Mick Green, my farm manager and I welcome any questions you may have regarding our claim of trying to be one of the ‘best practice farms.’ We would like you to feel confident that we are doing our very best to provide you with a nourishing, uncontaminated, well cared for product while maintaining a high level of environmental care and responsibility. I would like to add – delicious - too but that is a very subjective claim and I don’t believe is something one can guarantee for every individual taste. All the rest we certainly can and do guarantee.

 I’m hoping that we can answer any questions in a regular zoom hook up along with Scott’s nose to tail cooking classes. We feel it is as important to know your farmer as it is your doctor or dentist. One day we hope to have open farm days so you can come and see for yourselves where and how we farm and enjoy our farm gate tastings. Meanwhile, I will keep you posted with regular farm updates of honest trials and tribulations. Transitioning to a regenerative farm has been one of the most fulfilling things I’ve ever done. In a world fraught with climate uncertainty and biodiversity loss, I am filled with purpose and conviction that this is the right direction to heal our wounded landscapes. I’m grateful and excited that you are coming with us.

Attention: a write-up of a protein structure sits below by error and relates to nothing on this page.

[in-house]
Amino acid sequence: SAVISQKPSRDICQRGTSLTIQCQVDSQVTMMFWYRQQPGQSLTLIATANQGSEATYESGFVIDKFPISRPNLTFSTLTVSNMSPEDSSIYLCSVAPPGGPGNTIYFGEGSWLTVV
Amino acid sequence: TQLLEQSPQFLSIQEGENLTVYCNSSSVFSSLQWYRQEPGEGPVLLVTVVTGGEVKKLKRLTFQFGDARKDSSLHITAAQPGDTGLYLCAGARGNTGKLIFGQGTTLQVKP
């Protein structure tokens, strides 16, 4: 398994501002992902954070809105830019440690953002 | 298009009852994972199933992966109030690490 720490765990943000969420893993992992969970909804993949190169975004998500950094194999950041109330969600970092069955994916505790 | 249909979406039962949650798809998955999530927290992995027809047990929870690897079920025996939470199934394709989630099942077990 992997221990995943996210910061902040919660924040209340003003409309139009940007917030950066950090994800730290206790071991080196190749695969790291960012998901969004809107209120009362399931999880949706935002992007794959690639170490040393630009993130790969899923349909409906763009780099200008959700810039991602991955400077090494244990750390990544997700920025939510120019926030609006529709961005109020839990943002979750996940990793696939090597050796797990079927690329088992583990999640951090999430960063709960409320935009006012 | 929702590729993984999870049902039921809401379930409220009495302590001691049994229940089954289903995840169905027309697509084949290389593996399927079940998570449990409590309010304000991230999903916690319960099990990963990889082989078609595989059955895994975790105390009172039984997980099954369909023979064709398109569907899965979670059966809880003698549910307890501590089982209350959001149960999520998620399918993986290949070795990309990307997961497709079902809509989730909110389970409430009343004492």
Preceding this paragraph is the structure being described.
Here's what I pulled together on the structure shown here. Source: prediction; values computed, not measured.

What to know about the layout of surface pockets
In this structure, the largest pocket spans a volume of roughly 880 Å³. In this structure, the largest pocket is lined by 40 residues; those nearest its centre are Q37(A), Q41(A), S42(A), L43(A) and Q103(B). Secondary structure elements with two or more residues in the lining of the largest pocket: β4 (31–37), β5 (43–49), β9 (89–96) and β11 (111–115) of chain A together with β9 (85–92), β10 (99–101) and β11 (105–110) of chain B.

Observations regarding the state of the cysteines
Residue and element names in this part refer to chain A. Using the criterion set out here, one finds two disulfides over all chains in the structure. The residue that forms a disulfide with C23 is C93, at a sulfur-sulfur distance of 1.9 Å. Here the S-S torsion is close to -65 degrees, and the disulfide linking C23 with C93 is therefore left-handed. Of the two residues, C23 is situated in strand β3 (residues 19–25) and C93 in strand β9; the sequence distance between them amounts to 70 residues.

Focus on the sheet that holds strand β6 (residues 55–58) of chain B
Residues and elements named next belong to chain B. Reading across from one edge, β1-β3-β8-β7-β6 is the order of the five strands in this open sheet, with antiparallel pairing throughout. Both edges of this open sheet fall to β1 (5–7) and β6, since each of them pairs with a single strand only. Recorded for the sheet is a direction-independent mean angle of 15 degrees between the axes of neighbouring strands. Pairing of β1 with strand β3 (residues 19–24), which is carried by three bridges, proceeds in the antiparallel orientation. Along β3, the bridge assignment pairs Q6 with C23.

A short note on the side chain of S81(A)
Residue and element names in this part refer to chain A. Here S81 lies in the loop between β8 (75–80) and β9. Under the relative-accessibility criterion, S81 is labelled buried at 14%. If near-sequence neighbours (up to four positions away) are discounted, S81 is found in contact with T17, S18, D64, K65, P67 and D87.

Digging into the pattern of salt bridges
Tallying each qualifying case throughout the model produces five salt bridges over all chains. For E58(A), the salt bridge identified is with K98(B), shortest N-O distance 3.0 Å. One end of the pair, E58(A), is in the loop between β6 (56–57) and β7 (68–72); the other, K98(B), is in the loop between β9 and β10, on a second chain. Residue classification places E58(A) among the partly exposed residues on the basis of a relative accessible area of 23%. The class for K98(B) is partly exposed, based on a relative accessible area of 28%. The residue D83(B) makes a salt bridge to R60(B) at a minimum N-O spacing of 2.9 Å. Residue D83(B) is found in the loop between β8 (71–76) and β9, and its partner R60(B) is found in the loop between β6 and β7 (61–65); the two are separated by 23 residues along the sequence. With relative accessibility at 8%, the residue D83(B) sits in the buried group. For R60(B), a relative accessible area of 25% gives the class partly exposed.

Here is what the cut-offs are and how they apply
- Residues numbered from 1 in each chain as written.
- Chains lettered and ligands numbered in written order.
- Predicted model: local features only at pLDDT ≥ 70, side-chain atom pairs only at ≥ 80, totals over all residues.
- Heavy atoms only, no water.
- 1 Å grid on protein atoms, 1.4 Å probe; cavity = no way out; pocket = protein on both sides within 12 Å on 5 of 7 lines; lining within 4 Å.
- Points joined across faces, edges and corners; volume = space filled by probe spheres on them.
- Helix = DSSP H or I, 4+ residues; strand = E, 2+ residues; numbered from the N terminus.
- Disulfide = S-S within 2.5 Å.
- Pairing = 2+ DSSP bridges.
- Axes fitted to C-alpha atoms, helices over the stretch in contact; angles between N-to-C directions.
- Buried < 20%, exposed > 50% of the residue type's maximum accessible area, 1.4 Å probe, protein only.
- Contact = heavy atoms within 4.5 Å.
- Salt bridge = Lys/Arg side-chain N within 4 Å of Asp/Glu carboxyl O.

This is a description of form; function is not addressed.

Sincerely, Rachel Ward.  Farmer.

 

Thanks for reading and visiting, 

Matilda and Scott.